Tuesday, January 6, 2015

"Jesus of Nazareth: Pacifist or Revolutionary?" Interview in Portuguese magazine

I was recently interviewed by journalist Margarida Santos Lopes for the Portuguese magazine Além-Mar (Dec 2014). I was interviewed because I wrote a critical review of Aslan's Zealot and because of my book The Nonviolent Messiah, which paints a very different picture of Jesus. Here is a link to the full article (in Portuguese), "Jesus de Nazaré: Pacifíco ou revolucionário?" There's also a longer version of the original interview here, and a different layout of the article here.

Here are a few excerpts:

"The interpretation of Simon J. Joseph, Professor of Religion at California Lutheran University (USA) and author of the recently published The Nonviolent Messiah is totally opposed to Reza Aslan . .  . Phrases that Aslan privileges ("I did not come to bring peace but a sword") come from the Gospels of Matthew and Luke, the primary sources of the Jesus tradition, says Joseph, by email. "Although they may be attributed to the historical Jesus, there is no evidence that Jesus ever resorted to violence to hurt someone, much less to start a military campaign against Rome. The early Christian movement was known in its first three centuries to be pacifist. Christians refused to enlist in the Roman army because in this way, they tried to follow the teachings of Jesus . . ."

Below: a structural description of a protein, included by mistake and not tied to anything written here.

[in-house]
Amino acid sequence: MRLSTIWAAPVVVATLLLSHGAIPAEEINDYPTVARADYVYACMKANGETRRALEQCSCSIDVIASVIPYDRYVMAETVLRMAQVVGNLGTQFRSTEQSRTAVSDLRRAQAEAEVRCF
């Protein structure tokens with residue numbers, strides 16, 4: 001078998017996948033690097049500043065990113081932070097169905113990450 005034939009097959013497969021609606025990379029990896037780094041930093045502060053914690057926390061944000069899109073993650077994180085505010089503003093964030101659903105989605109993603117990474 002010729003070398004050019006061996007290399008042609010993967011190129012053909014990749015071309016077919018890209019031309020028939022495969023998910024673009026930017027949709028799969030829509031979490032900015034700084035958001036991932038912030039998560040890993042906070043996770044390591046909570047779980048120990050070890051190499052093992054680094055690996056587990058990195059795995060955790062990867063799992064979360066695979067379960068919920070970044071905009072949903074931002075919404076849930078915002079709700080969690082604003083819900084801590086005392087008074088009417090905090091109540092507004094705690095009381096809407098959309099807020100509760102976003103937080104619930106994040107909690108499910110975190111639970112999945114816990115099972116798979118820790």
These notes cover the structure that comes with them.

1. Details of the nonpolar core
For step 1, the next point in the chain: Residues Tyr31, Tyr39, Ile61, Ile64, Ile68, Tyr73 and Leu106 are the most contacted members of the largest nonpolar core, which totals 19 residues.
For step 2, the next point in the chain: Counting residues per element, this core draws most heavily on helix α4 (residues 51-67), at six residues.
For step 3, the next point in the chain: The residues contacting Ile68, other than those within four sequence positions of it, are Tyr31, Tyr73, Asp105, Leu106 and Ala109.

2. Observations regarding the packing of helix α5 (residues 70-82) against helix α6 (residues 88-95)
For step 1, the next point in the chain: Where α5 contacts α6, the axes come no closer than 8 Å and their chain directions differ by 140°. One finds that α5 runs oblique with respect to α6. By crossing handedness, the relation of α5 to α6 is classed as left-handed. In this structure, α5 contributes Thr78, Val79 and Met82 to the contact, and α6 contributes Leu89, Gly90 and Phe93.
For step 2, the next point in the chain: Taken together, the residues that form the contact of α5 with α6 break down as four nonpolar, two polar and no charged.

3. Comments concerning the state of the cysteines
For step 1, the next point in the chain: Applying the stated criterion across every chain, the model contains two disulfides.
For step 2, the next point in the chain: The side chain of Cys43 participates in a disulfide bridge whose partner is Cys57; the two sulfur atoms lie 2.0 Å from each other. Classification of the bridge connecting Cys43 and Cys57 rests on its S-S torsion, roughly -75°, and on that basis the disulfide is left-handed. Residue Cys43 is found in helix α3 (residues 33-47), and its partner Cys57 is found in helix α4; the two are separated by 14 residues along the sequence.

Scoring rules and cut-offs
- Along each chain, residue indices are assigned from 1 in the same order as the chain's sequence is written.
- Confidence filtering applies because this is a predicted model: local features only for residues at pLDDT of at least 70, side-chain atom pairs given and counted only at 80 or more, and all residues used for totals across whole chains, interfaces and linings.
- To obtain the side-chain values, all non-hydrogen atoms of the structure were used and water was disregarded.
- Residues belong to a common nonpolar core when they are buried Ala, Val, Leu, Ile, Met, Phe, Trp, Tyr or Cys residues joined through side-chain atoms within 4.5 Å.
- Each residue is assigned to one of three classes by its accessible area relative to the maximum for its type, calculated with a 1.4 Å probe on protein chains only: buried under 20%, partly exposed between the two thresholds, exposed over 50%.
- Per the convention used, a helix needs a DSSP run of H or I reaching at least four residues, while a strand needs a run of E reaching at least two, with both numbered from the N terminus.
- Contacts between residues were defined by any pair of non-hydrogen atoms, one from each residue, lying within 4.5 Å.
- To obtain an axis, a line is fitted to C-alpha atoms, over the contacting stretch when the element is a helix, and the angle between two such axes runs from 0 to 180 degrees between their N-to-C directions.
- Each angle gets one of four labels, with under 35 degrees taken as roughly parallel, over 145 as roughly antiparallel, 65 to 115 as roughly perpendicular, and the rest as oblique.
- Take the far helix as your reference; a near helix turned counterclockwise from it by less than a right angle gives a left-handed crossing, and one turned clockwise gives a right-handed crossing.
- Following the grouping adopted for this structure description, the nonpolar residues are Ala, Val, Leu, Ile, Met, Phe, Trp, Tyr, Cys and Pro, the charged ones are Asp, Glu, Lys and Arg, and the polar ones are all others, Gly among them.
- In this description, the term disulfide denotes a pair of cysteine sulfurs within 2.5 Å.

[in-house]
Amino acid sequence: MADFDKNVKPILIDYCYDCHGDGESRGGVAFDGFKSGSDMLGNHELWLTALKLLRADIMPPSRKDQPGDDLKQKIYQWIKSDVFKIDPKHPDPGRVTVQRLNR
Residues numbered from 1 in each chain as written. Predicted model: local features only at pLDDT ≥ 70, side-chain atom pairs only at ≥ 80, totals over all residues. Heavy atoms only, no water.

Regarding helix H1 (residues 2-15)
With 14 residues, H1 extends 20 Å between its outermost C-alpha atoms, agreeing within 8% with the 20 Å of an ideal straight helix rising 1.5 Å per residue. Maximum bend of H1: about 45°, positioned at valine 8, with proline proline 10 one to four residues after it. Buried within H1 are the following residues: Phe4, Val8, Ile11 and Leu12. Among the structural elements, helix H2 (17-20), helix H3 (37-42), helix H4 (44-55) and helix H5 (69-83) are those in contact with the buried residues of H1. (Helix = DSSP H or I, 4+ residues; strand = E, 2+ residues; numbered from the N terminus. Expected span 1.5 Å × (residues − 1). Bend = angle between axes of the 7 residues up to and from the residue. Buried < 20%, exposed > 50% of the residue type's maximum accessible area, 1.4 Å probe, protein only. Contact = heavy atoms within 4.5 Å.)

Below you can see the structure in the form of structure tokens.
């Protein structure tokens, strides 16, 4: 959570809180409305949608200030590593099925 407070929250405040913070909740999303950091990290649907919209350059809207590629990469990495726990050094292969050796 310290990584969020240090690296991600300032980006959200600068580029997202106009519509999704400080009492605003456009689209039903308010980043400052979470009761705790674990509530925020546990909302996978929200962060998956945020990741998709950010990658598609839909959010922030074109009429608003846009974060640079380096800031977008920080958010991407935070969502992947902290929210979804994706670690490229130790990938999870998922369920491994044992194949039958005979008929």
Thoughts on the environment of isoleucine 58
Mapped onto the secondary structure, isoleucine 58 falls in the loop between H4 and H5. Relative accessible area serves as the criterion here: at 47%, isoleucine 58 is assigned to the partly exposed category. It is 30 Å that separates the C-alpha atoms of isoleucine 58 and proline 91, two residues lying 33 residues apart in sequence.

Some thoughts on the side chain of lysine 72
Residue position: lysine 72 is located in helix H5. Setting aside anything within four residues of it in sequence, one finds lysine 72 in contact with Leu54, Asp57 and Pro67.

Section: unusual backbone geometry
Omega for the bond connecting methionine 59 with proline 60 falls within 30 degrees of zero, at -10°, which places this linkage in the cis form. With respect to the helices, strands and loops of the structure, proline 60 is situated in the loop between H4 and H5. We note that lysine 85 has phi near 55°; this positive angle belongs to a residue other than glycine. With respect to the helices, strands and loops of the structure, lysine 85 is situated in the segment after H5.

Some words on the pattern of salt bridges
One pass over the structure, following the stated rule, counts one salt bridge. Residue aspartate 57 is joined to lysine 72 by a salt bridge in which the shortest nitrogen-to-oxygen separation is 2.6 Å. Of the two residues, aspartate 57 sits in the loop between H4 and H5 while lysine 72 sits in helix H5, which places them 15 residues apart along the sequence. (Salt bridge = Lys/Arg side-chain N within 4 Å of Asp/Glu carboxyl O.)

"The true meaning of the phrase is that loyalty to Jesus causes division - symbolized by the sword - within families. It has nothing to do with physical or revolutionary violence. Its literary context requires a symbolic interpretation of the word 'sword', and this is something that any responsible New Testament scholar would know. . ."

“Love your enemies” and “turn the other cheek” are, according to biblical scholar Joseph, well known and established authentic Jesus traditions. They belong to the earliest Jesus traditions in Q (material) – commonly referred to as the “Inaugural Sermon.” Loving enemies is an unprecedented commandment in Early Judaism and the scholarly consensus is that this instruction is authentic Jesus tradition . . . In short, nothing suggests that Jesus advocated or participated in any kind of zealot activity against Rome."